Chronic bronchitis is defined as a nagging cough that is present for 3 months out of the year for 2 consecutive years. It is part of a more serious breathing disorder called chronic obstructive pulmonary disease. Chronic bronchitis is a constant irritation of the airways that has caused permanent damage to the lungs over time.
Smoking is the most common cause of chronic bronchitis because of the permanent damage it can do to your lungs. Other causes include repeated infections or exposure to pollutants.
Chronic bronchitis is not reversible. The goal of treatment is to improve quality of life and prevent complications. Therapy is targeted at opening your airways and reducing swelling to make breathing easier and slow down the progression of the disease.
Inhaled bronchodilators and corticosteroids are the types of drugs most often used to manage chronic bronchitis. Bronchodilators open up your airways to allow more air to pass through. Corticosteroids reduce airway swelling. These medications require a prescription and need to be monitored so you are receive the best dose with the fewest side effects.
In severe cases, treatment with additional oxygen or even surgery may be required. At worst, a complete lung transplant may be necessary.
Both acute and chronic bronchitis must be taken seriously. If you have any questions or concerns, contact your doctor or pharmacist for more information.
- Approach Respiratory Illnesses Rationally
- Pneumonia Prevention Is Possible
Mr. Fox is a PharmD candidate at Raabe College of Pharmacy, Ohio Northern University. Dr. Prescott is senior vice president of clinical and scientific affairs for Pharmacy Times.
Bronchitis is an inflammation of the lower respiratory tract (bronchi), which carries air into the lungs. Inflammation causes swelling, narrowing of the lumen of the bronchi, increased sputum formation.
Distinguish between acute bronchitis and chronic obstructive pulmonary disease (COPD). They have a different mechanism of development, a different course, which requires, accordingly, a different approach to treatment.
Acute bronchitis is very common and is most often caused by viruses, rarely by bacteria, and even less often by fungal infection or toxins. The prognosis for acute bronchitis is favorable – almost all cases end in complete recovery. The illness usually lasts for about 10 days, although a person can cough for several more weeks.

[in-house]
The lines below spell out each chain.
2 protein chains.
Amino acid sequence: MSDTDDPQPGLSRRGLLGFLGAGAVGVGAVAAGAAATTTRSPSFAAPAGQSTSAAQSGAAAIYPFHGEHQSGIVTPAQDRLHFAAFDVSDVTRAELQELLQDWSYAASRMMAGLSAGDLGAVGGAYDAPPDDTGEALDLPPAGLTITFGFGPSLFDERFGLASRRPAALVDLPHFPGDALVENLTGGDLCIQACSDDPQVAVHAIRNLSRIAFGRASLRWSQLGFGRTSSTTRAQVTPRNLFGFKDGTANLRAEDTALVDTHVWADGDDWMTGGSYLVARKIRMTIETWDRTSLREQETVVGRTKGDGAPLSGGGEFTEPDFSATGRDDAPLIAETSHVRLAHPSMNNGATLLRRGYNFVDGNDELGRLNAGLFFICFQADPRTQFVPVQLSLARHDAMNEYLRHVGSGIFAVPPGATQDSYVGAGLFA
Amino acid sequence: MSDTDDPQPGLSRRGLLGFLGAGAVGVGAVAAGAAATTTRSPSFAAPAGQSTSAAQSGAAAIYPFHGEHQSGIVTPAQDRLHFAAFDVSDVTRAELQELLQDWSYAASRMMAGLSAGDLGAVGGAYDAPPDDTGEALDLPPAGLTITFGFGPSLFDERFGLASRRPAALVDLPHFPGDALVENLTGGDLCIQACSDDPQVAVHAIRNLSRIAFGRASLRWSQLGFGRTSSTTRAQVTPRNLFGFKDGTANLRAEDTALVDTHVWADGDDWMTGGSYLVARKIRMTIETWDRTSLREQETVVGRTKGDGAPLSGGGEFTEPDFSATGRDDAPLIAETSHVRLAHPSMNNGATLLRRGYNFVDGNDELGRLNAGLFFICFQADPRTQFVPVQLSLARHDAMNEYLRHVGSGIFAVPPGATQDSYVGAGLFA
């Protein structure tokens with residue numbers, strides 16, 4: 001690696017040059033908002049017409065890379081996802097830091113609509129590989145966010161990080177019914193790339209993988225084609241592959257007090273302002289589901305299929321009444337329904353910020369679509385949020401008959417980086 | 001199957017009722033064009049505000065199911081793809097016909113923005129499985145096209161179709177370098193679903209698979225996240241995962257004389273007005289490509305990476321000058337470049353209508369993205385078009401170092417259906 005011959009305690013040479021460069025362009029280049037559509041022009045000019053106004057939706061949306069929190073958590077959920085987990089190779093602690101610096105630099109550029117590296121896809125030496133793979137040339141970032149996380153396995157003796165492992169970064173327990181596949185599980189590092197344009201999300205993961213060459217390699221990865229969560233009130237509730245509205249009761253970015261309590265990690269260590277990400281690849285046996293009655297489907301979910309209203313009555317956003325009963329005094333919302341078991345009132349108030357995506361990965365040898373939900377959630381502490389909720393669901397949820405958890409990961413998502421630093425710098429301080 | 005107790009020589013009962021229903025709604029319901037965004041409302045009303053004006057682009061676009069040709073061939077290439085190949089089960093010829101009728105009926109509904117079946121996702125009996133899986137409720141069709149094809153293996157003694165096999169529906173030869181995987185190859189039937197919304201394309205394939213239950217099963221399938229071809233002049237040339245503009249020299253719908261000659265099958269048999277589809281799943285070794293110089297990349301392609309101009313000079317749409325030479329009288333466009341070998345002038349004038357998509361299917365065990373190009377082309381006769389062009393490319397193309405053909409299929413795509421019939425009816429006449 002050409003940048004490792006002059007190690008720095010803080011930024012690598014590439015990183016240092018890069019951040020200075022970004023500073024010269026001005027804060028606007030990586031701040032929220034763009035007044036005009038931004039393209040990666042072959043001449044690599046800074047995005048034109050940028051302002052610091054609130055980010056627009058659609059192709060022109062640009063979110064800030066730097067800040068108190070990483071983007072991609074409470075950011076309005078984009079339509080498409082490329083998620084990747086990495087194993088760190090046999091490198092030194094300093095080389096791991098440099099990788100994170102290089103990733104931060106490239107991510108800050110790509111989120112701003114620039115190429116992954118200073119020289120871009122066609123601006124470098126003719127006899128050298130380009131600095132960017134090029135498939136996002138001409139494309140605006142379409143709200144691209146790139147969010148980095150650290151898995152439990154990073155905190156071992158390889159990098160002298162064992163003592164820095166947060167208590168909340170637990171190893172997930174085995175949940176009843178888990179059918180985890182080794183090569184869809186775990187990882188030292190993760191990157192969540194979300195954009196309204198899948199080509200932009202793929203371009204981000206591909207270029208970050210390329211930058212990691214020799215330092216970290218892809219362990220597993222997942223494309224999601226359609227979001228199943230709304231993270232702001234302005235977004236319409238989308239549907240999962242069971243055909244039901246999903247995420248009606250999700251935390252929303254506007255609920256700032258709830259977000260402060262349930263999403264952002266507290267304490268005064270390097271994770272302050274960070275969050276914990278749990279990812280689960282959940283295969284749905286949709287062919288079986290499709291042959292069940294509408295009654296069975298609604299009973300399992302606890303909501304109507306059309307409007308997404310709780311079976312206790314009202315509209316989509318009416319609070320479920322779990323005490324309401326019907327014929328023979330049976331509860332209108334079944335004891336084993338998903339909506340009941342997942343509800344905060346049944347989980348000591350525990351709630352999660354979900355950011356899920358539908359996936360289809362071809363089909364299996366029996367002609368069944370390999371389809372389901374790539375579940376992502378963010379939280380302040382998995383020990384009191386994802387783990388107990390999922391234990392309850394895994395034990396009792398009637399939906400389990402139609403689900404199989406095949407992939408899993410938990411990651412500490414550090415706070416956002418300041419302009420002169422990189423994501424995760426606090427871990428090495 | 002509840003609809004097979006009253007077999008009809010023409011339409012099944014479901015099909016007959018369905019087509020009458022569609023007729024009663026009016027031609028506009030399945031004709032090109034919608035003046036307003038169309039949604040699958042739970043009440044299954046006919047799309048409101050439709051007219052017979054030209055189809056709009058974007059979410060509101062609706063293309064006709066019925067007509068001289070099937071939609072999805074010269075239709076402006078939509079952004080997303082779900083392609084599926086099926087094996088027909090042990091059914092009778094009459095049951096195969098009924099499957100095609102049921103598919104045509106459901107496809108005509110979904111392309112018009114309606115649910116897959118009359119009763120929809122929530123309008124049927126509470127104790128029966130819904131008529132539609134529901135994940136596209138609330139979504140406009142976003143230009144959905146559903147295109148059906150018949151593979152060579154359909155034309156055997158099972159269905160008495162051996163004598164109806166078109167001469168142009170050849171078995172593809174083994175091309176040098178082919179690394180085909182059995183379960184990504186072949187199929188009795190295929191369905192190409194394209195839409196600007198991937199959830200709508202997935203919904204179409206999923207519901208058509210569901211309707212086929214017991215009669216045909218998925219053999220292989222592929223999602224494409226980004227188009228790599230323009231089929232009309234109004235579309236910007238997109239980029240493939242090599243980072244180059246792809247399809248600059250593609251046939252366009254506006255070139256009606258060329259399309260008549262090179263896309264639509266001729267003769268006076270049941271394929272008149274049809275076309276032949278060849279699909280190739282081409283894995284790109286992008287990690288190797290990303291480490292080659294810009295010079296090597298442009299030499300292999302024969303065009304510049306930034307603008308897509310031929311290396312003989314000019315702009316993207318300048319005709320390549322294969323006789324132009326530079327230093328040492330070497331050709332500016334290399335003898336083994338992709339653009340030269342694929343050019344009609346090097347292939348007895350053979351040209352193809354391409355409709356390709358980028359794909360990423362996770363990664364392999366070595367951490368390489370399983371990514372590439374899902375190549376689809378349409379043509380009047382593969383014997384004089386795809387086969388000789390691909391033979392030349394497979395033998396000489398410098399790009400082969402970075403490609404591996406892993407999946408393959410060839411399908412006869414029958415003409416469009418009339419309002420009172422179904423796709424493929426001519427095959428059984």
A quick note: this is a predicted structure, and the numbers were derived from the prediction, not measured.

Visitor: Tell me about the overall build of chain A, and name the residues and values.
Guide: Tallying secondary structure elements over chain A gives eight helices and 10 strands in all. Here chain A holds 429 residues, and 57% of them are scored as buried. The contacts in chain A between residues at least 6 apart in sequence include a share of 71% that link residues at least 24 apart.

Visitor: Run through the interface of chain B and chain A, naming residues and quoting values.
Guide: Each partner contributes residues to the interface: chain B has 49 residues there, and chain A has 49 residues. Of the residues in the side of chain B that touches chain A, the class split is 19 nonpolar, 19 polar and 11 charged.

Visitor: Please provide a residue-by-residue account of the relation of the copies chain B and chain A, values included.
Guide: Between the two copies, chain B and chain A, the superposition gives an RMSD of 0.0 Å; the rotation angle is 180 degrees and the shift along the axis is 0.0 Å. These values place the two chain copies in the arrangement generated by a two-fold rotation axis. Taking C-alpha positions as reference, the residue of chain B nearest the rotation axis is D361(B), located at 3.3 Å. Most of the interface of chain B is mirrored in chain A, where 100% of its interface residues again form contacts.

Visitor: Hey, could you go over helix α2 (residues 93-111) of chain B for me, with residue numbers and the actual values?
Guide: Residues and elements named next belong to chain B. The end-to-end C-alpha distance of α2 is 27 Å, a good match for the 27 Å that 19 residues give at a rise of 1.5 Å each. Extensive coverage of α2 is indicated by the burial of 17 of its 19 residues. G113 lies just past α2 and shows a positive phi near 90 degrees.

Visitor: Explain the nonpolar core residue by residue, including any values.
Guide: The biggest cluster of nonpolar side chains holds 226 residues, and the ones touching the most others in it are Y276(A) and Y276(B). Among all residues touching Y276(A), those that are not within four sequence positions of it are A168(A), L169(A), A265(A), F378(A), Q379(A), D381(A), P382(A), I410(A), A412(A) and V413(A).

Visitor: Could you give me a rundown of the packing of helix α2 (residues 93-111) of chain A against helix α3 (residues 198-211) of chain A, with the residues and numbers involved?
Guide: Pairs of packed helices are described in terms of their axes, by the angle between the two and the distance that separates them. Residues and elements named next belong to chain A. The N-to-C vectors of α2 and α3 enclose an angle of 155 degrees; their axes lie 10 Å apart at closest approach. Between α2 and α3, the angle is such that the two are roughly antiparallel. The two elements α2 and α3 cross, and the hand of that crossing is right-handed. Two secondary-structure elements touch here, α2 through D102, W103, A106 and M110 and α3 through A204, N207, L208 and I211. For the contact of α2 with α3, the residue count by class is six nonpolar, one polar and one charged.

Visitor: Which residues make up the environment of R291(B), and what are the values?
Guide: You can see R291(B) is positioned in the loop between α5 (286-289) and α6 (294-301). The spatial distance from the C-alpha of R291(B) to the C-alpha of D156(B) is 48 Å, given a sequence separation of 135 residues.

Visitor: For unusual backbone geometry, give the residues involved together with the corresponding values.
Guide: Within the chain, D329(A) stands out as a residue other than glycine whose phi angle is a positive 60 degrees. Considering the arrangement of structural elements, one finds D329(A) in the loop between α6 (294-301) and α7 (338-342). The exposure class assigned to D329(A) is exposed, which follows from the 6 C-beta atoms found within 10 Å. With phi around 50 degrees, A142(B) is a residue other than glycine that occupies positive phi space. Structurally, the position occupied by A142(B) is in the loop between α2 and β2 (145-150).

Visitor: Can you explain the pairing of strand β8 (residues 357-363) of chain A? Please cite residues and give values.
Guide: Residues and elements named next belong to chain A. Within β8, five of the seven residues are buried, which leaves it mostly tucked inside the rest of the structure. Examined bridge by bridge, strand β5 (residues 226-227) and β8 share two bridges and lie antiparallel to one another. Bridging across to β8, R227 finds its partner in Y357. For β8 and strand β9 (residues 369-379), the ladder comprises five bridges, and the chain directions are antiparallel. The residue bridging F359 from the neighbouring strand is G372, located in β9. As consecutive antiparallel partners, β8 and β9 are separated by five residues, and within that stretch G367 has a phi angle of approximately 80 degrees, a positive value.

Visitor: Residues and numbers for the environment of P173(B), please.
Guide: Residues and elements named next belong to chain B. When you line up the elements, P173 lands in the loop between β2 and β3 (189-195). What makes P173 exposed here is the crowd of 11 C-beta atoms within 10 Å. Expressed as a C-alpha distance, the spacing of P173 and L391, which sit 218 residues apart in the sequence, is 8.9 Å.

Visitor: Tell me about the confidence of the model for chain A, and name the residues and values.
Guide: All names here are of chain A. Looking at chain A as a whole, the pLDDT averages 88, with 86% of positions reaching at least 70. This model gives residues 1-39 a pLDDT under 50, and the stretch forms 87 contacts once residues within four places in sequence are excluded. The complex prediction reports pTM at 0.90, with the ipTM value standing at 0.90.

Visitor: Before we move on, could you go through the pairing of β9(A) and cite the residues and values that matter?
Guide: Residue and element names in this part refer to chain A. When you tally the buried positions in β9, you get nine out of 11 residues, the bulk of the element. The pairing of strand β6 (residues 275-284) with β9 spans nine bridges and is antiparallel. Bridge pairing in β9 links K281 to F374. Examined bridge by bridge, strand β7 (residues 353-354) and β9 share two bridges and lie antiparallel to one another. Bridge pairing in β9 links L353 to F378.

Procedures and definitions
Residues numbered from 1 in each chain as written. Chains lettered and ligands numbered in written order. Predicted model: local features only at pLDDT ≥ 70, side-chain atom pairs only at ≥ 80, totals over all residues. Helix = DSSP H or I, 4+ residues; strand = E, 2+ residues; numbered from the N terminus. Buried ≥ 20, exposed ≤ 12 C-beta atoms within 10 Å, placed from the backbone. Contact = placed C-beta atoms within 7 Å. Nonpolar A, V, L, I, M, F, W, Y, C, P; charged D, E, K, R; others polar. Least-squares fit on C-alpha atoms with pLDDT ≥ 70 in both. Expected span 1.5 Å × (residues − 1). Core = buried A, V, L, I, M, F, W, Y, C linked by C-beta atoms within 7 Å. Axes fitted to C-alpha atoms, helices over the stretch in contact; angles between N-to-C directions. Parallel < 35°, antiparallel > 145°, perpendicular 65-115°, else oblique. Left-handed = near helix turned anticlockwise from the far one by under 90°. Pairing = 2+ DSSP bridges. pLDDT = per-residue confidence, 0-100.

COPD damages not only the bronchi, but also lung tissue. Pathological changes develop for a long time, are irreversible, significantly disrupt breathing and, as a result, the work of the whole organism. The main cause of COPD is smoking. The prognosis for COPD is generally unfavorable, but modern methods of treatment can alleviate the condition of patients with COPD.
Acute bronchitis, chronic bronchitis, chronic obstructive pulmonary disease, COPD, bronchiolitis, chronic lung disease, chronic obstructive pulmonary disease, COPD, chronic nonspecific lung disease
Chronic bronchitis, bronchiolitis, chronic airway inflammation, COPD, chronic obstructive pulmonary disease, chronic bronchitis, chronic obstructive airway disease, COAD, chronic obstructive lung disease, COLD, acute bronchitis, chest cold.
The main symptoms of acute bronchitis and COPD are:
- shortness of breath,
- chest tightness.
Acute bronchitis often occurs after SARS or influenza, so it may be accompanied by fever, weakness, malaise and other non-specific signs of infection. Cough in acute bronchitis lasts from 10 days to several weeks, in COPD – for 3 months a year for at least 2 years.
General information about the disease
The bronchi are breathing tubes through which air enters the lungs, while being moistened, cleansed and warmed. Their wall consists of several layers and contains cartilaginous rings, muscle fibers. From the inside, the bronchi are lined with a membrane covered with a layer of mucus, which is produced by goblet cells. Cleansing of the bronchi occurs due to the movement of the processes of the ciliated cells of the mucous membrane. After passing through the bronchi, the air enters the alveoli – the structural elements of the lung tissue, where gas exchange occurs.